Respondents, on the other hand, classify the Amendment's effects as effectively forcing law schools to propagate and embrace the military's discriminatory message, implicit in the act of recruiting, that it is desireable to work for an employer that excludes homosexuals. They cite numerous cases that hold that government compulsion to display, bear, or disseminate a particular message is unconstitutional. Petitioners attempt to distinguish those cases, explaining that the law schools are capable of expressing their dissent and protesting the government despite recruiters' presence on campus. Recruiting programs are merely forums for inviting outsiders to appear temporarily and episodically to express their own views. Indeed, petitioners analogize to Pruneyard Shopping Center v. Robbins, in which the Court held that a private shopping mall that invited the general public onto its property could not ban expressive activity on its grounds. Respondents claim that Pruneyard is inapposite, since that case did not deal with a shopping mall being forced to assist expressive activities in the way the Solomon Amendment forces law schools actively to participate in the dissemination of military recruitment materials.

Thus, petitioners argue, there cannot be compelled speech here because (a) people would not be confused about who is actually behind the government's message, (b) law schools remain free to rebut or disclaim the message, and (c) the law schools remain free to invite employers who do not discriminate against homosexuals. Respondents discount each one of these arguments. Precedent has never held that free speech rights turn on public confusion over the source of a message. And past compelled speech cases do not establish merely a right to abstain or to express contradictory messages, but to be free from having to abstain or having to contradict at all. Disclaimers, protests, and rebuttals are symptoms of compelled speech, not cures. Moreover, respondents contend, the Amendment is unconstitutional because it forces schools to dilute their message that discrimination against homosexuals is wrong by making them hypocritically assist the DOD. Petitioners contend that there is no inconsistency in letting the military express its own views on campus while the law schools simultaneous counter it.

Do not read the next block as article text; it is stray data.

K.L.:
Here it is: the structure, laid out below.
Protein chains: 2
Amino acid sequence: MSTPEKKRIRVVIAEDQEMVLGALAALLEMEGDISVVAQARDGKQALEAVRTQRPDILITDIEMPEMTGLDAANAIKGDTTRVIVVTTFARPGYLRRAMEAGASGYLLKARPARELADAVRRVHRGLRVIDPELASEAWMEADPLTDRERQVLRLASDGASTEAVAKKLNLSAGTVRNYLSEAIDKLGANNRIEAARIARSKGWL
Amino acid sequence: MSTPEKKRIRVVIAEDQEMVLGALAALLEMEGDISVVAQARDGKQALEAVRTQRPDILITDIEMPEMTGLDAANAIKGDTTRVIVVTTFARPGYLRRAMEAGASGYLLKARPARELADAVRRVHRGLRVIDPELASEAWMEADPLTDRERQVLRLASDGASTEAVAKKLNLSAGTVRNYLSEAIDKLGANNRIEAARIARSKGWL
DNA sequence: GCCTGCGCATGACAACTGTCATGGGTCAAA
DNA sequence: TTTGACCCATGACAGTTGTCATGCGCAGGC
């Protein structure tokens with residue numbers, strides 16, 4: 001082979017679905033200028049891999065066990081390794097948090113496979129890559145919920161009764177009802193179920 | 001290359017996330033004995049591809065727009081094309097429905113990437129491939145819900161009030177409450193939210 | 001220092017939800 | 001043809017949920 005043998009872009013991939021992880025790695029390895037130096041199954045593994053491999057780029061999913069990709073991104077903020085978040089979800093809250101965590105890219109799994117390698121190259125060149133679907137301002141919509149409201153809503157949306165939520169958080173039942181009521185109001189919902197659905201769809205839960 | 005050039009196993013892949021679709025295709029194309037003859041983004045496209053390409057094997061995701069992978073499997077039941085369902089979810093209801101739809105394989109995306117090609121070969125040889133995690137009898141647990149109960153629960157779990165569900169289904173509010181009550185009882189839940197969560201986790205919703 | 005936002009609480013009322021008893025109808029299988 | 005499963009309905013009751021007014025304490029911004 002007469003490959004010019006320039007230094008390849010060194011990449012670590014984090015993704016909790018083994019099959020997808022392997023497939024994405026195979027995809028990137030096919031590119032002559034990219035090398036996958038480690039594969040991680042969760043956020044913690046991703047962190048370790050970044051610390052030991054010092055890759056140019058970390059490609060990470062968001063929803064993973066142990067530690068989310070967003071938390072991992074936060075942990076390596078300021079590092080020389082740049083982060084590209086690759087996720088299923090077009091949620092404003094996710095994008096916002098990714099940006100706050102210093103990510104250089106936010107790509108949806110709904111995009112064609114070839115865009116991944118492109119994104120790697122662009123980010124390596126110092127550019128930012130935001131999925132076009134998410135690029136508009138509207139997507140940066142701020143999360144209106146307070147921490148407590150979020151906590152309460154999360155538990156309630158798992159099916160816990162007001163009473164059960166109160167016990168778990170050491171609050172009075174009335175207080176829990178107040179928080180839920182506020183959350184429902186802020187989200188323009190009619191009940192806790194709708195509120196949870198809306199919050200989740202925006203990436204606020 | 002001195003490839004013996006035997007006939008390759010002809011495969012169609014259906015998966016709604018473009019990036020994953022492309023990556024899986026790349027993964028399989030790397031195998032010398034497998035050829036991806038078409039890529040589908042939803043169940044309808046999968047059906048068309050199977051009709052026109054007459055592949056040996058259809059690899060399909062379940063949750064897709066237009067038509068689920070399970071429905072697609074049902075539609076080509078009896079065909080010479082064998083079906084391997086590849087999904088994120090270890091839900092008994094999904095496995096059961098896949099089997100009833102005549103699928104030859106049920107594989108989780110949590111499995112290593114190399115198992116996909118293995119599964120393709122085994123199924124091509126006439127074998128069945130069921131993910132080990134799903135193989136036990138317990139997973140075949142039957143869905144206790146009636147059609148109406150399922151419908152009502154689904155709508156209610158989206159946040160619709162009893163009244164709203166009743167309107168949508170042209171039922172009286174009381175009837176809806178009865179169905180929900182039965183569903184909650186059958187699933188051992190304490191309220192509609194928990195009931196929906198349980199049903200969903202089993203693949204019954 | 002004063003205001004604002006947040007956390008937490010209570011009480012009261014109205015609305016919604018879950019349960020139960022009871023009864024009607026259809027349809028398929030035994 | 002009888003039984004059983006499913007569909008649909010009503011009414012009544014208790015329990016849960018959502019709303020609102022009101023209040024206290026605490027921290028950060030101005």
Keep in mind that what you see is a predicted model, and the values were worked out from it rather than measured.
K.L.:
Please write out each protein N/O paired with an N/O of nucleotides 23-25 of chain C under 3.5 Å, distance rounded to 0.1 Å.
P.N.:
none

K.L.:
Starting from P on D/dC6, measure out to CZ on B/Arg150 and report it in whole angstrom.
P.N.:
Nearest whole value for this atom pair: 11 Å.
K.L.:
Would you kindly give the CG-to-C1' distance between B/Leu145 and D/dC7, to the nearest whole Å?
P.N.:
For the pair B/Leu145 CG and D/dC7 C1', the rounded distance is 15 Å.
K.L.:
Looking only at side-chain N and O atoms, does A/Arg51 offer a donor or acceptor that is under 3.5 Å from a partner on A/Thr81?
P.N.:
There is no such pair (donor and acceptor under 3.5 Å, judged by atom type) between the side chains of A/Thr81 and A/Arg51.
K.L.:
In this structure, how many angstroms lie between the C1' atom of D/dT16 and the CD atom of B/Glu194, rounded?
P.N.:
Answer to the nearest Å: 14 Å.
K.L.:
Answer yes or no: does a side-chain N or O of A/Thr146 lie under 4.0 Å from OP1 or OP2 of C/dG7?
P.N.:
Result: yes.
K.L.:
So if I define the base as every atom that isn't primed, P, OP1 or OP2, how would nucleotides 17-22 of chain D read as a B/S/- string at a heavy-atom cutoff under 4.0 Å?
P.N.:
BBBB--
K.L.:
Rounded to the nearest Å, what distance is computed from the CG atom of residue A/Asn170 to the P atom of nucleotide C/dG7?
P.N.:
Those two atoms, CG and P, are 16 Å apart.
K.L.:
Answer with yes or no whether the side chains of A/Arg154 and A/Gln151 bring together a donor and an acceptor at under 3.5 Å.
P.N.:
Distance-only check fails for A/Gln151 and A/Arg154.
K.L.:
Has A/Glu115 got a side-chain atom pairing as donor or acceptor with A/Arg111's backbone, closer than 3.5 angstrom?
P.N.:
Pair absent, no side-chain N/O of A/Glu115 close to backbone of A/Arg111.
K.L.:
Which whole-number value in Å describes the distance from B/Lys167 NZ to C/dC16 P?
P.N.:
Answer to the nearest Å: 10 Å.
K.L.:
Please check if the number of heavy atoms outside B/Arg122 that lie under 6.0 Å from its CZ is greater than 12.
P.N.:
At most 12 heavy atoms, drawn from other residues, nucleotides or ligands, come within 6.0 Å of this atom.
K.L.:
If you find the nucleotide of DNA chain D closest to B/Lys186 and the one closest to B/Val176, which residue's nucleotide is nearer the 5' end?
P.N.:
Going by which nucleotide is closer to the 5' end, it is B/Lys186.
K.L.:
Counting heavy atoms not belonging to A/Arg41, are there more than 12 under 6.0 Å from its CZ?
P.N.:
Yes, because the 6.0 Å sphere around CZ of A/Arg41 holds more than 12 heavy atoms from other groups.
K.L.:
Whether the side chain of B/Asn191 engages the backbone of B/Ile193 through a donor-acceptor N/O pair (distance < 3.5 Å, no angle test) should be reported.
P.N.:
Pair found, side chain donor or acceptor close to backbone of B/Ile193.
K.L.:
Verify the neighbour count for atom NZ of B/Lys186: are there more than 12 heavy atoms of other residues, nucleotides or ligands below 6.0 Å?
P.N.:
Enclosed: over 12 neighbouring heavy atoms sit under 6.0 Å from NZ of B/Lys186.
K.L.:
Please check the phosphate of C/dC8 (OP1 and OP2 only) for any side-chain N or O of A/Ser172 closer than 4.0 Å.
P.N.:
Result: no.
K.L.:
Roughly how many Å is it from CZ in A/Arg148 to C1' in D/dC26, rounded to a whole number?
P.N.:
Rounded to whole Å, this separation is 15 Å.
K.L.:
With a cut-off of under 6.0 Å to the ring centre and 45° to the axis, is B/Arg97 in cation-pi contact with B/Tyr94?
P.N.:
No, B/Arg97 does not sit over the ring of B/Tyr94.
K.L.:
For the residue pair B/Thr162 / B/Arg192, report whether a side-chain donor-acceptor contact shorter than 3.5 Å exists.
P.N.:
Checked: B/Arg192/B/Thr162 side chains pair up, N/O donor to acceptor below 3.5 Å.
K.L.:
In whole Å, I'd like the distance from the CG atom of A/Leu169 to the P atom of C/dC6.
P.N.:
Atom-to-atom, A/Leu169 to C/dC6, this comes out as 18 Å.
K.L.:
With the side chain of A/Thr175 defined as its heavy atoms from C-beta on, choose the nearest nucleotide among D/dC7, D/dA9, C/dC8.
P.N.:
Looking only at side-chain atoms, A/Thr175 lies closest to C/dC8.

The arguments in the expressive association arena are very similar. Of note, however, is the battle over the interpretation of the rather recent Dale case. The Dale Court found that the boy scouts, as an institution, express the view that homosexuality was not a desired trait for its scoutmasters, and that by not allowing boy scouts to exclude homosexuals from their ranks, the state law at issue forced the boy scouts to express the opposite opinion. Respondents invoke Dale in support of their position, an obvious irony given Dale's effect on homosexuals. They claim that the Amendment forces law schools to welcome certain people, the welcoming of whom expresses an opinion contrary to the values the law school holds. Petitioners, on the other hand, attempt to distinguish Dale. First, they argue, Dale dealt with a law that meddled with the internal membership of a group; the Amendment does not affect the internal composition of law schools, but rather affects how schools treat outsiders when they temporarily come to campus. It is analogous to antidiscrimination laws like Title VII, which compels employers to give equal employment access to members of all racial groups. Respondents contend that Dale was decided against a background of cases holding that expressive association rights can be violated in many more indirect ways than altering internal membership (such as by forcing an institution to lend financial support to a political cause). Association rights are implicated whenever the government alters an institution's "choice of strategic alliances." Petitioners point out in their reply brief that it is these other cases, rather than Dale itself, that hold this, such that respondents' appeal to those cases is not persuasive. Respondents also argue that the government's analogy to antidiscrimination laws is inapt (and, respondents note, somewhat ironic). Those laws are premised on a belief that societal interests in preventing discrimination outweigh private interests in exclusion. Dale, and this case, however, present examples of when the balance tips the other way (since they do not involve invidious discrimination based on suspect classifications like race and gender), which is precisely when association rights have bite.